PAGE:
‘This is a climate emergency, our ecosystems are at risk’

The oil spillage in Poole Harbour poses significant risk to the local ecosystem

Poole Harbour is the world’s second largest natural harbour, and an area of both busy industry and sensitive habitats. But on Monday evening, the Quay was stormed by residents protesting against the Perenco pipeline oil spill which engulfed the harbour the day before. Nearly 200 barrels of reservoir fluid, a mixture of brine and oil, leaked into the water.

The harbour is an important environment of ecological space. Sea horses breed in the area, marine protected zones and an immense amount of sea life and other animals are at risk. They have been endangered by the growing effects of climate change as a result of human activities. The risks that this poses to our local ecosystems are enormous.

Poole Harbour: site of the oil spill
Image by: Nguher Kendra Ityoachimin

For the protest laison, Richard Ecclestone a member of Extinction Rebellion, Perenco have allowed this to take place. “They have been negligent and this should never happen. This is about the species that live here, they need this area to breed, and they are subject to what we do. The pollution that we humans are inflicting on them is unacceptable,” he said.

Richard Eclestone, Protest Liaison and member of Extinction Rebellion
Image by: Nguher Kendra Ityoachimin.

There are worrying concerns about the future of life and if the next generations will grow having a knowledge of these animal species and landmarks at all. There are other really crucial species that come out this particular time of the year. The Osprey, for example, returned here, to its nest, in 2022, after over 200 years to breed.

The protesters expressed their displeasure and outrage about the situation. Alasdair Keddie felt it was inevitable.

“I’m devastated that this has happened but sadly theres an inevitability about it, whilst there is oil extraction at Wytch Farm oil field by Perenco oil and gas company, there will be more spills,” Keddie stated. “It’s a crumbling crowded site, that has been in place for fifty years, if they keep trying to extract oil from that point, there will be more devastating leaks into Poole Bay.”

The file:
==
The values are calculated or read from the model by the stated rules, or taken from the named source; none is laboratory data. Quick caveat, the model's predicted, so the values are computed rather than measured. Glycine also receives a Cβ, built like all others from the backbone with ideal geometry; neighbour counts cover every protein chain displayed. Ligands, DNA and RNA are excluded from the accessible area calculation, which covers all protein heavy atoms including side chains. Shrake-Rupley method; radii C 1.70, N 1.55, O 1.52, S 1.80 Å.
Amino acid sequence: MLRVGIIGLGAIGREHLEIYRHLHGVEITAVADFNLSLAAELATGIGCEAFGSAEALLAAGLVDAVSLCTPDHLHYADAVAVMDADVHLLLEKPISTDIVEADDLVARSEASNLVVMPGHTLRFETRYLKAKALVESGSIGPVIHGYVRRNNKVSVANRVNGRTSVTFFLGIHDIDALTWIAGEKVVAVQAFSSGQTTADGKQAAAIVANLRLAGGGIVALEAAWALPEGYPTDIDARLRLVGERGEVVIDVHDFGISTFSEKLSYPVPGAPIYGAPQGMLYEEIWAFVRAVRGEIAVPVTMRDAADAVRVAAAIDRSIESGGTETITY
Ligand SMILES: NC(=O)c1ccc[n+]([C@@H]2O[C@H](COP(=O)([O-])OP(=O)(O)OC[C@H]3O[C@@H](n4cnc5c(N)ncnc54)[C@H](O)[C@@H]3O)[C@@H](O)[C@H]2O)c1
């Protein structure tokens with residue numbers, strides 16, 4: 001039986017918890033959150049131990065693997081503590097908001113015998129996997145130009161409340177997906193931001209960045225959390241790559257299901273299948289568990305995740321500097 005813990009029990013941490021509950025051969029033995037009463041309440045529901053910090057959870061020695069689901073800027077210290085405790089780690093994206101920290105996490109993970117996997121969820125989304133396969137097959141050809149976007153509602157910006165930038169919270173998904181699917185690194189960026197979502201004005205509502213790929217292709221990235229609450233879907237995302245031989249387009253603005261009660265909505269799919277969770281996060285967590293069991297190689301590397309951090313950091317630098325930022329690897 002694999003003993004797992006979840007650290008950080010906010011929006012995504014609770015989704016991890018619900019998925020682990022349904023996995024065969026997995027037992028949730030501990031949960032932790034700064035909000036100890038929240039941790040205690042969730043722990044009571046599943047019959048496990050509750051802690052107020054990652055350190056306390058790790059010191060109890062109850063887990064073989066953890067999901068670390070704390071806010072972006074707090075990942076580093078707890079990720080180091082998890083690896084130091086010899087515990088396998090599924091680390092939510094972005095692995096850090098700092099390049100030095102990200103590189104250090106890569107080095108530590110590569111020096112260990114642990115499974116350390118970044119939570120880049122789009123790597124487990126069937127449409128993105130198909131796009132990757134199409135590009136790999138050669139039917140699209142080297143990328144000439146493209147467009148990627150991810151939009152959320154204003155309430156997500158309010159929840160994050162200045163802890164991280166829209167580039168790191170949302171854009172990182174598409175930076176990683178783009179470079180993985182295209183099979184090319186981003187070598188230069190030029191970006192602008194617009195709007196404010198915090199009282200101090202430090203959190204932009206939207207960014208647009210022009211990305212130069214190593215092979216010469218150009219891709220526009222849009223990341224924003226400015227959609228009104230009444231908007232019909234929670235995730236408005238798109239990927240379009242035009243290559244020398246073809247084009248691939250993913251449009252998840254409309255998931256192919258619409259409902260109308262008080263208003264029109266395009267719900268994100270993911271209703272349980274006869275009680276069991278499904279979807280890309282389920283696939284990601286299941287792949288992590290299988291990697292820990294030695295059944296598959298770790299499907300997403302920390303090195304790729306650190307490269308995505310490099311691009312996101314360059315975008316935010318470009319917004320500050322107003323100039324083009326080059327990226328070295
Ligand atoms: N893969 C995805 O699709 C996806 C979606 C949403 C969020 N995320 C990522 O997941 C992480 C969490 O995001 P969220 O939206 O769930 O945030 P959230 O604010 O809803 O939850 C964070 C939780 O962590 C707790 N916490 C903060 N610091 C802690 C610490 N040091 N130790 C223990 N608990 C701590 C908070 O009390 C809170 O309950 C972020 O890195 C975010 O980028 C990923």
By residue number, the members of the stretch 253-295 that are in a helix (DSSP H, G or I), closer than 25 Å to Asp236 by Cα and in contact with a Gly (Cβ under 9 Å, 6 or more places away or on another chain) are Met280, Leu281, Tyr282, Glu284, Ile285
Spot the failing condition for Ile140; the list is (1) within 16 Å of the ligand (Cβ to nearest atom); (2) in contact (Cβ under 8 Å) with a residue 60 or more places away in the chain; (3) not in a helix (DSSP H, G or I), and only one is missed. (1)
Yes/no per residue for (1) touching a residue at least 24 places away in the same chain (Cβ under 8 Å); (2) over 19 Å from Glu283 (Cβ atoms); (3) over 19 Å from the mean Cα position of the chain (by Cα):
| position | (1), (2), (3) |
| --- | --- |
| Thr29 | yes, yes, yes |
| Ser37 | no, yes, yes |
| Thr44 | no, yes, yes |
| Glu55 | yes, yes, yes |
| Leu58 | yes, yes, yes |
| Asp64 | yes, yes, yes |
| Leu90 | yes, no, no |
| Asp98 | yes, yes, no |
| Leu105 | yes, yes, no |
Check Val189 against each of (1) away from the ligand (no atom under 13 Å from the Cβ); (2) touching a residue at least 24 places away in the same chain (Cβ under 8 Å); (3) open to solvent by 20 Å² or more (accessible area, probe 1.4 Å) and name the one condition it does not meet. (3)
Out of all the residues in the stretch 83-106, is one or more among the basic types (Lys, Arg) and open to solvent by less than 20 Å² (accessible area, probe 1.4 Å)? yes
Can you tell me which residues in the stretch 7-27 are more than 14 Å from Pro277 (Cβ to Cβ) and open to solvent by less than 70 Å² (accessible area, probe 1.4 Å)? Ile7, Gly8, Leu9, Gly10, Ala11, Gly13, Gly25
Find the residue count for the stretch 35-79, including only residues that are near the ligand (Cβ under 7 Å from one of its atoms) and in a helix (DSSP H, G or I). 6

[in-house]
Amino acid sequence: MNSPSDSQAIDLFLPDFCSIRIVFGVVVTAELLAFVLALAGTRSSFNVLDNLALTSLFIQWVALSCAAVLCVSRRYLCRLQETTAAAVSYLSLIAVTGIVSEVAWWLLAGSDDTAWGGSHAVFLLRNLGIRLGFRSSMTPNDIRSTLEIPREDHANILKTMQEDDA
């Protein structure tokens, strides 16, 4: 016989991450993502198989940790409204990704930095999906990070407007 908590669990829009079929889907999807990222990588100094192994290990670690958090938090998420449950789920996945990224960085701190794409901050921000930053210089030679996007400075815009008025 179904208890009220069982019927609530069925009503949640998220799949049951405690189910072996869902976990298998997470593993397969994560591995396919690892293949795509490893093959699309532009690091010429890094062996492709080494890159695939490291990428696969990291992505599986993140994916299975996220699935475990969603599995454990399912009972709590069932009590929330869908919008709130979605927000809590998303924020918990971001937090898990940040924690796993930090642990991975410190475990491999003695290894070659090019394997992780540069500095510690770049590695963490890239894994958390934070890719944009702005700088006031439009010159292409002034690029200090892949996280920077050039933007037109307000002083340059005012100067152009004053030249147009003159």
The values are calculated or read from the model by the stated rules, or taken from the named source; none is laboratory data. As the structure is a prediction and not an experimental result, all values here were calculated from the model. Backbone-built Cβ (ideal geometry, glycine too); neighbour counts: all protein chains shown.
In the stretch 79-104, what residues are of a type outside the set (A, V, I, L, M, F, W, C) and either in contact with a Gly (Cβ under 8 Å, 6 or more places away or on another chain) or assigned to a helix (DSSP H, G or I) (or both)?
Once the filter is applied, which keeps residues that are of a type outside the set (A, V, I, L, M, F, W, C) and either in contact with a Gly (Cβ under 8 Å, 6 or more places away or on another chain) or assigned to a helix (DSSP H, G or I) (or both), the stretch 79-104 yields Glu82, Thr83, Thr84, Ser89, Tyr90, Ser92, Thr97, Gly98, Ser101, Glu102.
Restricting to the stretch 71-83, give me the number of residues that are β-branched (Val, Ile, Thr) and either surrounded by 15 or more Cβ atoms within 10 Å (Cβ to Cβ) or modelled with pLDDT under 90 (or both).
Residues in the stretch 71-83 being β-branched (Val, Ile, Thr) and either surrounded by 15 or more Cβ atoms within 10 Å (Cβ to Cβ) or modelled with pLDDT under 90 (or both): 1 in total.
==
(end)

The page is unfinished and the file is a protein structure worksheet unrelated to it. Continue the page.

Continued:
Alasdair Keddie, climate activist.
Image by: Kendra Ityoachimin

“This is an emergency, this is a climate emergency. Any fossil fuel needs to stay in the ground, if we want to have any chance of staying below 1.5 degrees of global warming.”

There are fears that this will cause damage to marine life, and lots of fragile ecosystems around the Poole Bay. These amongst others are the various climate implications of removing oil and processing it. This poses as a tremendous threat to our local ecosystem.

“We have seen what happens with extractions in sensitive areas like. Think of the Niger Delta in Nigeria and the horrific pollution,” Richard Ecclestone said. “This is nothing compared to what the oil and gas industry does in other parts of the world. Places like that can seem like out of sight, out mind but they are not. These companies have to be held accountable. If they must extract oil at all which they should not be doing, they have to act responsibly and they have got to do it without any environmental impacts and this just shows that they cannot be trusted to do that.”

Extracting oil in the area could lead to contamination of water, preventing people from going to The Harbour with oil on the surface of the water, which are the many side effects that come in the wake of the oil spill.

“I live here. I grew up swimming in these waters. We have now been told to keep out of the water as oil has long lasting impacts. I feel very anxious about the future, it just shows that we need to stop pumping oil out of the ground, we cannot reverse everything that we have done but we can stop making it worse. Human actions have caused this and it will be human actions that can reverse it that is what we need to focus on,” said Hannah Lindner, a member of the Extinction Rebellion in her contribution.

Hannah Lindner, Poole resident
Image by: Kendra Ityoachimin

For Julie-Ann Booker, who lives in the area, “It is not only about the sea life, it is also about the life on the islands. The Brownsea Island is a massive tourist attraction for us, and this is quite devastating for all of us. I want to enjoy my environment, I do not want to be visiting the freshest places and looking at oil clumping on the water. Oil spills are happening all around the world and have devastated entire communities this should not really be happening,” she said.

Julie-Ann Booker, Dorset Resident.

Peter Aldous, a protestor at the site said, “I’m retired now and I have grand children and I’m concerned what’s going to happen. What’s the future for them? The more I learn, the more I worry about the future for my children and myself as well. Whether the earth is going to survive – not being dismal but we have got to save the planet and what is happening here.” Aldous, 75, who used to be a Poole harbour pilot, do not want to see the area ruined, and takes action to create public knowledge about how people can be more effective reserving the environment.

Despite the overwhelming effects of climate change, the protesters feel very optimistic about their efforts, Alasdair Keddie weighed on the situation to say, “We are running out of time, we need to act now and make use of every ounce of energy to fight for this and win.”

“There’s only so much that we can do as individuals, we could write to councils and campaign, we have this window of opportunity and we have got to use it,” said Julie-Ann Booker.

Alternatively, Richard Ecclestone said, “We need policy change, we need to put pressure on the politicians to effect the real change. It is necessary to invest in renewable technology rather than fossil fuels. We need to faze down the fossil fuel. We must do all we can to limit further damage on our climate.”

Related Posts